As Todd rose comfortably to a cruising altitude of 11 kilometers in a North-Northwest heading, Zephyr meanwhile strolled as he had for the previous few hours, now ambling due East, in the direction of the same thrift shop that Todd had left a few hours earlier.

His paper cup of "soy latte" (a topic to which we may later return, in the body of some non sequitur several chapters hence) was almost empty, so he approached the trash can in front of the thrift store to discard it. Not to discard the thrift store, but rather just to discard the cup.

He paused upon noticing the yellowing clothbound book at the top of the pile of trash - untouched and no further sullied than it was when Todd chucked it there. "The Anatomy of Me," it read, although the rest of the title was obscured by coffee stains. Still, the author appeared to be one Robert Burton, whose name he had read before. He remembered with a self-impressed chuckle that he had instantly rearranged the letters in Robert Burton's name the first time he had encountered it, to render "T-TORN RUBBER" which was funny.

"T-TORN RUBBER" was funny indeed, not only to Zephyr, but also to a whole lot of regular readers of his most curious flog, which is what he called what others might have called a blog. It was an online Film, Literature, Onomastics and Genre (so "FLOG").

Zephyr had no idea how pretentious he seemed when he casually broke conventional forms, first of all, and worse yet, often in a way that featured puns and acronyms. It seemed pretentious to others because they didn’t know how effortlessly and with what immediacy Zephyr could summon groans at will.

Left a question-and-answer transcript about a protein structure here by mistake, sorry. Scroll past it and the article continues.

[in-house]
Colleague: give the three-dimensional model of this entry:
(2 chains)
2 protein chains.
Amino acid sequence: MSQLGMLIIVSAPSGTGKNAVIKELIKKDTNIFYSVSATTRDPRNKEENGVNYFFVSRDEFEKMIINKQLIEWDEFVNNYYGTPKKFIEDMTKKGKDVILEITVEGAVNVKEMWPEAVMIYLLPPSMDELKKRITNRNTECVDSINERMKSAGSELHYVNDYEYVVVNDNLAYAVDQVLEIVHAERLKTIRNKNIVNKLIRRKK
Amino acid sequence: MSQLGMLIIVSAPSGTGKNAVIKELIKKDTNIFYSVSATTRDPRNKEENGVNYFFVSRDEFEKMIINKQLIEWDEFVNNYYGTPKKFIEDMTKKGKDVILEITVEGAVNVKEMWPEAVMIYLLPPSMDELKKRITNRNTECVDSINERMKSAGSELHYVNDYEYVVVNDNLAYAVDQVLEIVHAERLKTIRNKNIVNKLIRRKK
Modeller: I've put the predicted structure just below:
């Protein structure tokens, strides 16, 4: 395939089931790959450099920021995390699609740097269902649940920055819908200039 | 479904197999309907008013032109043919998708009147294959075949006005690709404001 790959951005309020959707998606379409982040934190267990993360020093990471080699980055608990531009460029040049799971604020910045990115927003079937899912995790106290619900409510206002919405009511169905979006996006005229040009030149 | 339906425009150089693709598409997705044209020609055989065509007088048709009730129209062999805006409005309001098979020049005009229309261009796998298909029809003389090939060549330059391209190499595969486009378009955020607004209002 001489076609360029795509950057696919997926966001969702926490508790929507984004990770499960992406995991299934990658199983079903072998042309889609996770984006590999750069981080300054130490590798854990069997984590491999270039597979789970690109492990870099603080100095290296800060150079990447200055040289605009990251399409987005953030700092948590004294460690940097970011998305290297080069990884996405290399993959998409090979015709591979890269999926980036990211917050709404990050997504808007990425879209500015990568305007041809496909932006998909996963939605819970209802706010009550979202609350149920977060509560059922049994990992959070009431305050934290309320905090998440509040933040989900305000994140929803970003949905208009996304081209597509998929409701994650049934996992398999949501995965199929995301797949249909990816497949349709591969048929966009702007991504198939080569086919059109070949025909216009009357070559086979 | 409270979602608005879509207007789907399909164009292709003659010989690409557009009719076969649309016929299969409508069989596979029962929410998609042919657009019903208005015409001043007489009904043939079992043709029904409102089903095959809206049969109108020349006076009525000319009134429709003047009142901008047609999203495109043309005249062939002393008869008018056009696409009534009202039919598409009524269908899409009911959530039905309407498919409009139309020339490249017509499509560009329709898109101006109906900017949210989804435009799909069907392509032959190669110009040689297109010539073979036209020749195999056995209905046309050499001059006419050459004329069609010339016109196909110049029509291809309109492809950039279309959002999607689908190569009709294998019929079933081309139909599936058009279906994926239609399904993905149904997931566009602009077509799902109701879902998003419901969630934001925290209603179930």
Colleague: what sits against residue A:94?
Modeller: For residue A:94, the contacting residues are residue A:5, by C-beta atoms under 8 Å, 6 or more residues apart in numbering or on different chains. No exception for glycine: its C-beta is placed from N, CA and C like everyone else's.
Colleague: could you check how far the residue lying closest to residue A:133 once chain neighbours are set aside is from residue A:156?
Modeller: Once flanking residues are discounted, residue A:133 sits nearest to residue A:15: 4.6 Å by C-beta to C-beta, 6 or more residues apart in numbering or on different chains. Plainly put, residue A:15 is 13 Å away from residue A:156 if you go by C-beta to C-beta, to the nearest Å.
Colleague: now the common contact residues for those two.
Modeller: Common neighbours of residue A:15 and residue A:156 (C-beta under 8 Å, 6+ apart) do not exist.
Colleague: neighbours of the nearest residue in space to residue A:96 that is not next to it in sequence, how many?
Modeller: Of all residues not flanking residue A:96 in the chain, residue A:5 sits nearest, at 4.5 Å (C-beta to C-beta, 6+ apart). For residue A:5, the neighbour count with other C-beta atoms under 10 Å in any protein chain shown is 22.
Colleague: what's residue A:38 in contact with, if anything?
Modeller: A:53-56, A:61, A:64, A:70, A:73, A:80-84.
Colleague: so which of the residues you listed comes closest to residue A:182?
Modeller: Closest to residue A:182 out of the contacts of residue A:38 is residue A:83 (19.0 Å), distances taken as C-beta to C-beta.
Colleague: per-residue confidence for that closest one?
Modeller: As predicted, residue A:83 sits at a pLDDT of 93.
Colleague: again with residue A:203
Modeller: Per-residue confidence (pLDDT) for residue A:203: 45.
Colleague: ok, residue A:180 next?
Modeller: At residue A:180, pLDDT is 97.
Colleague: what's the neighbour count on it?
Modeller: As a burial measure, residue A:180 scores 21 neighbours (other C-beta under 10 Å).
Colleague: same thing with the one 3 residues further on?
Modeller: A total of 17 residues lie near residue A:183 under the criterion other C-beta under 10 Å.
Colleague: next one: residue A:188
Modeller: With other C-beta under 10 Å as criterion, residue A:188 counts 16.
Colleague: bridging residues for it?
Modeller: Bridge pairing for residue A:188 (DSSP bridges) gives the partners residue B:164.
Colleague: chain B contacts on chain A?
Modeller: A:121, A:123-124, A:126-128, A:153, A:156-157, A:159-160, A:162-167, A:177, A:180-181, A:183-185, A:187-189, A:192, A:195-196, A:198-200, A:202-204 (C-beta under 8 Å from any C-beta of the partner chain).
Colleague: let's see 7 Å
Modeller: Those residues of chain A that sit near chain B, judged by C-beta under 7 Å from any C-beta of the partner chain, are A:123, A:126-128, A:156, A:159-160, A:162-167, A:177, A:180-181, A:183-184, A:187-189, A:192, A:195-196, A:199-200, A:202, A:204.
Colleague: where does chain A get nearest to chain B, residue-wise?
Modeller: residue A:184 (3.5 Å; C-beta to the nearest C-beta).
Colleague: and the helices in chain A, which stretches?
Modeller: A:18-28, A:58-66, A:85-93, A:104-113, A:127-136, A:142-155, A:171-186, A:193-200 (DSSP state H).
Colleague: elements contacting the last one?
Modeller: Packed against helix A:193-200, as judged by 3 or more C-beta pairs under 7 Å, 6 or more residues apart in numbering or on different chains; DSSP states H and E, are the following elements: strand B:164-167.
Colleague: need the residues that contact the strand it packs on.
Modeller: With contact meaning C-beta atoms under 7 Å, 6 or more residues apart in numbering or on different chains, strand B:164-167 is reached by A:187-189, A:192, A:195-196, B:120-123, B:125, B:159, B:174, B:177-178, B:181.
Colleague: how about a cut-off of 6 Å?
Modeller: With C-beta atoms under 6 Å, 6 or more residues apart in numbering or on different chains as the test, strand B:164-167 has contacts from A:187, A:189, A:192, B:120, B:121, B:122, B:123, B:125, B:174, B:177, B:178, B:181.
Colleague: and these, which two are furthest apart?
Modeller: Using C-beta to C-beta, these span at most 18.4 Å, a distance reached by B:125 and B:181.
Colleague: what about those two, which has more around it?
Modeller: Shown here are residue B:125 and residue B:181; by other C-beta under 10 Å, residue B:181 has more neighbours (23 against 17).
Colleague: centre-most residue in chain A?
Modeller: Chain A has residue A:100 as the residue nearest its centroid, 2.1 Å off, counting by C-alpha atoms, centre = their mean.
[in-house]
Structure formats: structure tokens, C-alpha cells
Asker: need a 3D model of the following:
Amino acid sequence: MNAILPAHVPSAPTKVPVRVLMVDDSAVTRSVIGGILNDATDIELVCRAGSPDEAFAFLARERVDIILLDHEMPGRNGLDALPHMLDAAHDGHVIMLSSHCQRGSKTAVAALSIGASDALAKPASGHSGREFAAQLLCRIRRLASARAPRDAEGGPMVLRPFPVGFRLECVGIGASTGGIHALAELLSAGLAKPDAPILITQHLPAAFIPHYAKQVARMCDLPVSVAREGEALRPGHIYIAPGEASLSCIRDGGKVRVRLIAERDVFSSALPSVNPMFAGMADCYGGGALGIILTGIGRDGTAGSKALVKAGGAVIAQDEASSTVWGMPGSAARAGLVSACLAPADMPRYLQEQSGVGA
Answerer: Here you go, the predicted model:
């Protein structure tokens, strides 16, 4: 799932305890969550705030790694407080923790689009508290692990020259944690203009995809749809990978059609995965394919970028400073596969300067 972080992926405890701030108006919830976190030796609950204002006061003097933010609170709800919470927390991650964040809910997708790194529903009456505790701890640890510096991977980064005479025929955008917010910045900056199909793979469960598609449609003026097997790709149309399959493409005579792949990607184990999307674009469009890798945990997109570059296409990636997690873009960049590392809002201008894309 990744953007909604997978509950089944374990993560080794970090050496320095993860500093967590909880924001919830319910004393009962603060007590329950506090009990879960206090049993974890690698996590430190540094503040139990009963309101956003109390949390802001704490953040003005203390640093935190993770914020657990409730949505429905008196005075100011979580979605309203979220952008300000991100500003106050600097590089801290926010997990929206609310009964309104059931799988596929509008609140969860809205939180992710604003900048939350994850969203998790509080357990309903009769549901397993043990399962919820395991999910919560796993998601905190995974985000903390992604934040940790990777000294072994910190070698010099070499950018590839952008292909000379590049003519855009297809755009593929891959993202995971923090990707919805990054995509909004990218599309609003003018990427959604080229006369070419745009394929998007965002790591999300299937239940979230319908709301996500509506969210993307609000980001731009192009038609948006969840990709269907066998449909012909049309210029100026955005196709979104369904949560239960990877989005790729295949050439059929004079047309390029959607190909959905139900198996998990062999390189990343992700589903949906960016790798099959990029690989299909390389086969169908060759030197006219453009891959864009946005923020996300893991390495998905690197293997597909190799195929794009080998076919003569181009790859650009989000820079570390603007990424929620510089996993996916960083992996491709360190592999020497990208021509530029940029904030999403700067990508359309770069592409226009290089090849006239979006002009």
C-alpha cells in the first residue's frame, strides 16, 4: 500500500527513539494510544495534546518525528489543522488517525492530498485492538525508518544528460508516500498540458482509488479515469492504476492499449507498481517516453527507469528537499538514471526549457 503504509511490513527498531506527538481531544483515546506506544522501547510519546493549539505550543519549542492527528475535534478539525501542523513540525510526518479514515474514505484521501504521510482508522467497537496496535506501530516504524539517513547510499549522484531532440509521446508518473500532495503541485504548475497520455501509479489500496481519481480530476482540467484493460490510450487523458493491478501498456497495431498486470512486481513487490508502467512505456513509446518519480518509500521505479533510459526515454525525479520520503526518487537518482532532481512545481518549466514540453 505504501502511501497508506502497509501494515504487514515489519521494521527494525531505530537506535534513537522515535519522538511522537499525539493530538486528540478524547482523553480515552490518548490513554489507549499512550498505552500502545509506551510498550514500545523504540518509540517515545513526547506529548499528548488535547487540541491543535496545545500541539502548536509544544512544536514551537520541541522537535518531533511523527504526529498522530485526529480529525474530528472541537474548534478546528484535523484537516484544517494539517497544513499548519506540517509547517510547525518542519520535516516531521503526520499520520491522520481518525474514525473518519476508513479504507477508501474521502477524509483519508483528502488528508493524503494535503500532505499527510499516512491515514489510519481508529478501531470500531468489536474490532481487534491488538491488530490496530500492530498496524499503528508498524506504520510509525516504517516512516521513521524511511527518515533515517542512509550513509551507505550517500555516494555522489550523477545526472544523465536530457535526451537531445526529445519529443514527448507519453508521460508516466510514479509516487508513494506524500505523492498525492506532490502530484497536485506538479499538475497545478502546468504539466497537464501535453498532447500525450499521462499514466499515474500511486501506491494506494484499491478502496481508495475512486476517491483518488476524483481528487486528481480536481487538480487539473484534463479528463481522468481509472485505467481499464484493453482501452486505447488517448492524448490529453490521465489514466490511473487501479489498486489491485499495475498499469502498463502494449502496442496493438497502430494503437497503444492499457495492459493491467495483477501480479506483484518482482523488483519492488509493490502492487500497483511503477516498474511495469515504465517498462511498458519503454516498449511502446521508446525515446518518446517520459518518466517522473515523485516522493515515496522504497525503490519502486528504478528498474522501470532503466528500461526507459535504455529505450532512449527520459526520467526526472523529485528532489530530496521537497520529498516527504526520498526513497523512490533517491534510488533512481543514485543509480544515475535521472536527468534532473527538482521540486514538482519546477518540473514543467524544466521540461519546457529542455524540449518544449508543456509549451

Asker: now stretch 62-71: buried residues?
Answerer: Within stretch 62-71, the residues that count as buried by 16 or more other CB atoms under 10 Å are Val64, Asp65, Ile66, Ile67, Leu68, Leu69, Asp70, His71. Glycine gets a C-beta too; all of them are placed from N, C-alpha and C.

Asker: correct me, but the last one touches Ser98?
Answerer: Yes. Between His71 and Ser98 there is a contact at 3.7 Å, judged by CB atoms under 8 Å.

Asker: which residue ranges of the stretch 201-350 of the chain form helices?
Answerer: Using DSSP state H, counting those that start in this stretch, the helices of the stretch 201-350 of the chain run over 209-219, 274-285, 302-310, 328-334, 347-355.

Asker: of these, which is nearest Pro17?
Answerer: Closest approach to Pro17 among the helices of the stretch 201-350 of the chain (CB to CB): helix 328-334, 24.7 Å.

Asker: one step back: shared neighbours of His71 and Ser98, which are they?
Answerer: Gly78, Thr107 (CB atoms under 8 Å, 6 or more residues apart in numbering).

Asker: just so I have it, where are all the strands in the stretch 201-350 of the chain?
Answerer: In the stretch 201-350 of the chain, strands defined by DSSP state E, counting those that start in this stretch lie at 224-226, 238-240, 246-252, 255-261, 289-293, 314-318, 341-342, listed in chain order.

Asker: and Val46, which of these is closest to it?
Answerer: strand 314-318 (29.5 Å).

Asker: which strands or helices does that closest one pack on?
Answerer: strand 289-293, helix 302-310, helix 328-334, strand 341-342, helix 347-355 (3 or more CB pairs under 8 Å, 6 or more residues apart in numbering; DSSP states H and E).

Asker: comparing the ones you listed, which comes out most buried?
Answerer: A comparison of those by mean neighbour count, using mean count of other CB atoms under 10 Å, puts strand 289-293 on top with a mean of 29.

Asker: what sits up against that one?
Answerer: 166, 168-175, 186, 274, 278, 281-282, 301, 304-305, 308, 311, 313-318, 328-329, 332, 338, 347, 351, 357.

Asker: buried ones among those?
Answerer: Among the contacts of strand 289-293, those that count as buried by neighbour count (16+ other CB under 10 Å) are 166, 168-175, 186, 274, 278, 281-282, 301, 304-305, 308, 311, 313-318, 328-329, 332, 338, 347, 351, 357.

‘Hmmm ... ‘Summon Groans at Will’ is a perfect newspaper headline. Who is Summon, and why does she groan at Will? There’s a whole actual quality story you could build around that one kernel of ambiguity. You’d never even need the audience to know there was ever any groan-summoning genesis.

You can build immense structures on fantastic jokes. And if you’re a really good builder, you can obscure the origins of your craftwork so that the joke remains very much an inside one. Right there, lurking in the text.

He looked over his shoulder briefly, to hedge against judgemental, angrily squinting eyes with cameras trained on anyone suspected of enjoying themselves. He seethed in judgment as he judged those judgemental eyes of theirs, their looks. Their flimsy grasps of their own ideologies and their absurd implications. He could feel their looks somehow. Then, he judged himself for his own hypocrisy (so as to make himself feel better about his final choice to judge them anyway, knowingly hypocritical or not).

Alongside this mental metajudgment, Zephyr snapped on a pair of "glovID19s," the most recent release in Cornell Labs’ "CorOneNine" protective textile line. 'CON' for short, to Zephyr. He assumed, correctly, that the gloves were wholly ineffective for any practical antimicrobial purpose. That was their only deficiency, though.